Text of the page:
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Cowlitz County COVID-19 vaccination rate lags behind state
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Cowlitz County COVID-19 vaccination rate lags behind state

Ryan Parks receives vaccine

Longview 14-year-old Ryan Parks, left, receives the first dose of the Pfizer-BioNTech COVID-19 vaccine from nurse Jennifer Woody on May 27 at PeaceHealth St. John Medical Center in Longview.

Washington is on track to reach 70% of people 16 and older receiving at least one dose of the COVID-19 vaccine on or before its June 30 reopening date, but many counties, including Cowlitz, are behind the state average.

It’s too early to see if the state’s plan to offer a $1 million lottery and other incentives will help reach that goal sooner, according to the state Department of Health.

Nearly 70 million vaccine doses have been given in the UK. It comes as new figures show a record million Covid-19 jabs were booked when over-25s became eligible for the vaccine.

As of Monday, about 64% of residents 16 and older had initiated vaccination.

Cowlitz County’s COVID-19 vaccination rate continues to lag behind the state, with about 54% of residents 16 and older initiating vaccination as of Monday.

Cowlitz County COVID-19 vaccinations

Deputy Health Officer Dr. Steve Krager said in an email Wednesday the health department is concerned about the county’s slower progress.

“The counties that have higher vaccination rates are more likely to have lower COVID-19 rates,” he said. “I worry that this discrepancy could worsen over time. It is possible we will have counties that have very little COVID-19 infections and other counties that continue to have spikes and large outbreaks. This will lead to more preventable hospitalizations and deaths.”

Elevated hospitalizations

Cowlitz County has “elevated rates of hospitalization” and patients are almost exclusively unvaccinated, Krager said.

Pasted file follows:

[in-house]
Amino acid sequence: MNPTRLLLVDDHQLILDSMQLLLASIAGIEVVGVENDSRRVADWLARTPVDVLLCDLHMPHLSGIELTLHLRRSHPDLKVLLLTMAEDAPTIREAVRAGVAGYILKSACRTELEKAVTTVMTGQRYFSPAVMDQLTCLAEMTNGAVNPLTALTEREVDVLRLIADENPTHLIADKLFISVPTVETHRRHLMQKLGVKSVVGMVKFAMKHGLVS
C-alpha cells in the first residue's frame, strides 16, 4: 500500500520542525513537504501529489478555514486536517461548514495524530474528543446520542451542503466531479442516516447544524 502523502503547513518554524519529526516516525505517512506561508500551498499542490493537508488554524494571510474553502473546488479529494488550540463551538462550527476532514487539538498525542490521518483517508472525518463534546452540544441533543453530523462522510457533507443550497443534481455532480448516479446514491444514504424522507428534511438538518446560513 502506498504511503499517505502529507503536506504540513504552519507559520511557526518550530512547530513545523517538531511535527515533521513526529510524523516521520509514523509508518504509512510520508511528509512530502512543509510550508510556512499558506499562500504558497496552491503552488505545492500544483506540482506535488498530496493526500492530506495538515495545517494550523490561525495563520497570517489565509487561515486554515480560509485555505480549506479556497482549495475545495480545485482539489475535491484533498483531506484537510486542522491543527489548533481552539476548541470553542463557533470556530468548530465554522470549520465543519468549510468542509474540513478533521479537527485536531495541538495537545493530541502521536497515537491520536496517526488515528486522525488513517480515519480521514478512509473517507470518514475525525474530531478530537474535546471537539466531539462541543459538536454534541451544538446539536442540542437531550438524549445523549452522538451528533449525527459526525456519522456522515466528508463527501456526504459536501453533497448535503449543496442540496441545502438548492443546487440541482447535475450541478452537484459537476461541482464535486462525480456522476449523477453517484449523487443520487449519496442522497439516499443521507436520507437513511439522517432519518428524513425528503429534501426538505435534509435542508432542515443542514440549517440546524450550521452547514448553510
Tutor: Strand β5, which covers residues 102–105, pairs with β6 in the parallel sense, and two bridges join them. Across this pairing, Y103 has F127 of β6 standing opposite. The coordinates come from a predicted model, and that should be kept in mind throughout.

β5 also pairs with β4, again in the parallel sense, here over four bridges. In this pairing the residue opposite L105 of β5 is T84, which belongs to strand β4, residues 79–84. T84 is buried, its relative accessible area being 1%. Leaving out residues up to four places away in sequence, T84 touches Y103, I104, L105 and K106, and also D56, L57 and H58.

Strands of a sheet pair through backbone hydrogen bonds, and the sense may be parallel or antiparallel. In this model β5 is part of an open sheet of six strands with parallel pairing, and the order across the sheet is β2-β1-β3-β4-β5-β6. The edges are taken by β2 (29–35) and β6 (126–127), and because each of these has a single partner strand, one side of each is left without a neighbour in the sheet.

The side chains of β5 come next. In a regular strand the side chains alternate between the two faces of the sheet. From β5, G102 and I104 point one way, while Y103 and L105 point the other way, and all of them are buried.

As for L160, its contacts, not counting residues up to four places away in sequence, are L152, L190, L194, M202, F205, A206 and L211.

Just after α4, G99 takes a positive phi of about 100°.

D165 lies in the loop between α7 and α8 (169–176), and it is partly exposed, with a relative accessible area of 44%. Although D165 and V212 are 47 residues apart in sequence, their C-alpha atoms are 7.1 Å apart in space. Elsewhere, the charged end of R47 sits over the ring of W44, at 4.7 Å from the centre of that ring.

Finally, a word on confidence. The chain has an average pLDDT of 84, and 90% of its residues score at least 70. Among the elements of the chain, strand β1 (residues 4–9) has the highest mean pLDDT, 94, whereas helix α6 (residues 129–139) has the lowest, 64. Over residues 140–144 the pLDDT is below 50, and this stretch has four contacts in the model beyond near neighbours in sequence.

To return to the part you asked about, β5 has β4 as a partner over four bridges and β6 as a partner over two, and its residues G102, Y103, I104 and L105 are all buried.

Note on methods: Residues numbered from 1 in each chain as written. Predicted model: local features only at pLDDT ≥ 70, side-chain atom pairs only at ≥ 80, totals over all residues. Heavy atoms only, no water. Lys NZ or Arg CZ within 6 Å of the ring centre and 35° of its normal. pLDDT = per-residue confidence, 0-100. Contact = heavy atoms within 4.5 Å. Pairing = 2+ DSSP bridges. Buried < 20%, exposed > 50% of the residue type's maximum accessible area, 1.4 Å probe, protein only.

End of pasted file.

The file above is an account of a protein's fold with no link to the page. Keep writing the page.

The county recorded 6.3 new hospitalizations per 100,000 people from May 22-28, above the state rate of 4.9 hospitalizations per 100,000 during the same week. Both the county and state rates appear to be decreasing.

Recent statewide data show COVID-19 hospitalization rates are 21 times higher in unvaccinated people ages 45-64 compared with those who are vaccinated.

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“The vaccines work, and are the best way to prevent COVID-19 infection and hospitalization,” Krager said.

After a bump in cases from mid-to-late May, Cowlitz County’s cases appear to be flattening or decreasing.

Cowlitz County recorded nine new COVID-19 cases Wednesday, bringing the total number of confirmed cases to 5,890, according to the state Department of Health.

Wahkiakum County reported three new cases Wednesday, bringing the total to 149, with 31 potentially active. The county considers cases with a positive test result in the last 21 days to be active, according to the health department.

Krager said it is hard to predict whether the county will see an increase in COVID-19 cases once the state reopens if its vaccination rates remain below the 70% threshold, but he does worry about it.

Even if people begin vaccination now, they won’t be fully protected by June 30 if they get the Pfizer or Moderna vaccines, which require two doses. Unvaccinated people should continue to wear masks indoors when around unvaccinated persons and limit social gatherings, Krager said.

“The best way to safely enjoy the summer is to get vaccinated as soon as possible,” he said.

Communications Manager Stefanie Donahue said the county health department is developing new outreach materials to keep the community informed about where to access vaccine and to address vaccine misinformation.

The department plans to record a video series addressing questions received on its Facebook page and is exploring other ways to reach people offline, Donahue said.

The health department also is partnering with local health care providers to offer mobile vaccine clinics.

Deputy Secretary for COVID-19 Response Lacy Fehrenbach said in a briefing Wednesday that the state has plenty of vaccine supply and capacity.

“There has never been an easier time to get vaccinated and protected against COVID-19 than right now,” she said. “There are certainly enough 16-year-olds and older eligible to step forward and help us meet that goal by June 30 or even sooner.”

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